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In the UK, if you lend your support to someone in a different party, you're out on your backside. This happened to Ken Livingstone in 2000, because he ran as an independent candidate for Mayor of London.

In 2004 Zell Miller, a Georgia Democrat, told people to vote for George Bush. Lyndon LaRouche, a rightwing conspiracist and all around rum character managed to contest the Democratic primaries (some kind person could probably think of some Republican examples).

I thought of an older example. John Tyler succeeded to the presidency after Harrison died. Tyler was a whig, and after a few months the whigs kicked him out.

Did they use a rule to do this? Does a similar rule exist in modern parties?

Are there any circumstances where someone has the authority to say 'you're not a Democrat/Republican any more'?

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  • You should also try to specify your question a bit. How do you define "being a democrat/republican"? I don't think that the US has traditional party membership (see also here). – tim Mar 6 '17 at 13:22
  • Being allowed to call yourself 'Democrat' or 'Republican' on the general election ballot, or standing in their nominating contests. – Ne Mo Mar 6 '17 at 13:31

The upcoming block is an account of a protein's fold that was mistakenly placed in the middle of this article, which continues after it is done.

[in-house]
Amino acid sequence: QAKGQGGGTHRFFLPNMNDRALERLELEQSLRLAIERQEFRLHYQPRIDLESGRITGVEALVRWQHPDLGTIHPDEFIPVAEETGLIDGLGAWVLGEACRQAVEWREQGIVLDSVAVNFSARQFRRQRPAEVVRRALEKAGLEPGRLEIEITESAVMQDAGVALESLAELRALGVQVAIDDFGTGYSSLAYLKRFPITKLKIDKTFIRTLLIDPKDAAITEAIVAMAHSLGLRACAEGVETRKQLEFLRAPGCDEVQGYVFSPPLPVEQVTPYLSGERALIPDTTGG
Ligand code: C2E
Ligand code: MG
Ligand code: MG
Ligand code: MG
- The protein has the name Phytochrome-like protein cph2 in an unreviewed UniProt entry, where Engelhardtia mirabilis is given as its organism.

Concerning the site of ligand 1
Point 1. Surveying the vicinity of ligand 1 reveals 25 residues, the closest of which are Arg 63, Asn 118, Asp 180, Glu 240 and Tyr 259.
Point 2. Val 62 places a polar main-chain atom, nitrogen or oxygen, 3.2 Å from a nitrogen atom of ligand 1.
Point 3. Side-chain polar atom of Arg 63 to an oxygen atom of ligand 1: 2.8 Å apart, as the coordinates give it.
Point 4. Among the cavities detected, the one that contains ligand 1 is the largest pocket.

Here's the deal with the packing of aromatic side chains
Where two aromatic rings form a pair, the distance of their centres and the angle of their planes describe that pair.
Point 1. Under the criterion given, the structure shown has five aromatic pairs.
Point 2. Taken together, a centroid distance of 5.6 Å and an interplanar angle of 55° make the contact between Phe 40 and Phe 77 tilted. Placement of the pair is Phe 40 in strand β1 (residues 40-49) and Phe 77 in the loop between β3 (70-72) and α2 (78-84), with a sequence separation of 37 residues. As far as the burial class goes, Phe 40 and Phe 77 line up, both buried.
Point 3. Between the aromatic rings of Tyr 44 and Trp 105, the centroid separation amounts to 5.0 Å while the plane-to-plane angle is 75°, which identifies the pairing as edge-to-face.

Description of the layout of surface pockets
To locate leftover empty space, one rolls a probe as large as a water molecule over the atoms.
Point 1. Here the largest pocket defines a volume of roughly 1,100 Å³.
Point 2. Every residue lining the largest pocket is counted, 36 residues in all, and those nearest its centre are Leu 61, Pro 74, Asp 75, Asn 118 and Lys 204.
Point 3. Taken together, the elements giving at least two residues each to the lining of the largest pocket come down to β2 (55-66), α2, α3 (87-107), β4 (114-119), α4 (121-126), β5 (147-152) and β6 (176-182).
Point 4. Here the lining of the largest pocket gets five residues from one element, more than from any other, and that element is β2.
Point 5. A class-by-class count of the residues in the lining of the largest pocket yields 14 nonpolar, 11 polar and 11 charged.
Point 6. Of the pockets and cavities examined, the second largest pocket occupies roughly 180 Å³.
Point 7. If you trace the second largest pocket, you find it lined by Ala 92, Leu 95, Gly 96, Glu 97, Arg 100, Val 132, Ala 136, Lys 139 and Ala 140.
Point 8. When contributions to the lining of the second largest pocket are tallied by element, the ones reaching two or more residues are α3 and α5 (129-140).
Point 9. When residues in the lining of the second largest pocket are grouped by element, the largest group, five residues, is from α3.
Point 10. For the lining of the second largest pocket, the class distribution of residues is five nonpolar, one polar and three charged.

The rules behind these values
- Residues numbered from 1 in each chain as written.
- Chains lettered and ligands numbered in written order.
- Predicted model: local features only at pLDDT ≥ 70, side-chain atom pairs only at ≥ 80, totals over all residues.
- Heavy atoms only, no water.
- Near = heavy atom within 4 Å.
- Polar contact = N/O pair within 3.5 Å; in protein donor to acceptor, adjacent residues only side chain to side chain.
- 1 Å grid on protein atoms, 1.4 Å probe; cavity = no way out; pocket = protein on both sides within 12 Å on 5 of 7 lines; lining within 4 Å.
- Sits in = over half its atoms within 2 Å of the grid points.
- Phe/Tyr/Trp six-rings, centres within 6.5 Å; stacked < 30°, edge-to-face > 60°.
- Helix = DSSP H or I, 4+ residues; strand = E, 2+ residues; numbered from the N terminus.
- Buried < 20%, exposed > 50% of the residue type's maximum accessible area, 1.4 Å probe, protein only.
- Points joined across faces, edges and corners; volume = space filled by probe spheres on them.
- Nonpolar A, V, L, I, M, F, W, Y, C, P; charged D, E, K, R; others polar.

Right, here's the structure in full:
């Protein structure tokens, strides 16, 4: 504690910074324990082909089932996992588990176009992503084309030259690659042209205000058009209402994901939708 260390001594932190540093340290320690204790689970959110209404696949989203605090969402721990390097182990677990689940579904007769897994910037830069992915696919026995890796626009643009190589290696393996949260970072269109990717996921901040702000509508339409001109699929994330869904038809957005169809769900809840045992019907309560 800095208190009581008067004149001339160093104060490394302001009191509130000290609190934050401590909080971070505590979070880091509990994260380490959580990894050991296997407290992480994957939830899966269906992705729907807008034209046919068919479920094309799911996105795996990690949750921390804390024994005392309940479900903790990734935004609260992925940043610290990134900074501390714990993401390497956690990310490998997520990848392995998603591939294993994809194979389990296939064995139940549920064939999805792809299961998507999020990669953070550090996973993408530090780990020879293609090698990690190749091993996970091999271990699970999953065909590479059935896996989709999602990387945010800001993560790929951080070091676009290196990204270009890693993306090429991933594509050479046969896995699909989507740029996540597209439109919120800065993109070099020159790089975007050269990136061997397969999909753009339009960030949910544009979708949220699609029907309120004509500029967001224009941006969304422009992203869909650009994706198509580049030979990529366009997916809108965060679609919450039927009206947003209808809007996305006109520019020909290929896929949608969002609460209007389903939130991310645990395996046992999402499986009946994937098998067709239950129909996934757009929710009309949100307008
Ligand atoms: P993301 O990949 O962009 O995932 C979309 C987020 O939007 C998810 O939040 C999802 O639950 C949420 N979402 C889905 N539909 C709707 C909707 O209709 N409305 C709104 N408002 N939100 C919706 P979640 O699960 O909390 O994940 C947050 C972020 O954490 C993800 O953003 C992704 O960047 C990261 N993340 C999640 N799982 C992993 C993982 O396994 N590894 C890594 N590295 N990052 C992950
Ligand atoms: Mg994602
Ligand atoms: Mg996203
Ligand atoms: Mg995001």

• I think there was already a question that detailed ballots. You can get on a ballot without party support, by simply getting enough signatures, iirc. – user4012 Mar 6 '17 at 16:47
  • I addressed the presidential race since the examples you gave were about it, are you interested in other races as well? – JonK Mar 7 '17 at 4:40
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Probably, because state laws regulating party primaries/caucuses probably violate the first amendment.

US political parties are not defined in the constitution and have the same rights as any other organization. Because of this they have first amendment rights including freedom of association.

In Cousins v. Wigoda the Supreme Court stated:

The States themselves have no constitutionally mandated role in the great task of the selection of Presidential and Vice-Presidential candidates. If the qualifications and eligibility of delegates to National Political Party Conventions were left to state law “each of the fifty states could establish the qualifications of its delegates to the various party conventions without regard to party policy, an obviously intolerable result.” Such a regime could seriously undercut or indeed destroy the effectiveness of the National Party Convention as a concerted enterprise engaged in the vital process of choosing Presidential and Vice-Presidential candidates— a process which usually involves coalitions cutting across state lines.

While some state laws may 'legally' bind delegates to its voters' choice it probably wouldn't hold up in the Supreme Court. Political parties could ignore these laws and choose whoever they want however they want.

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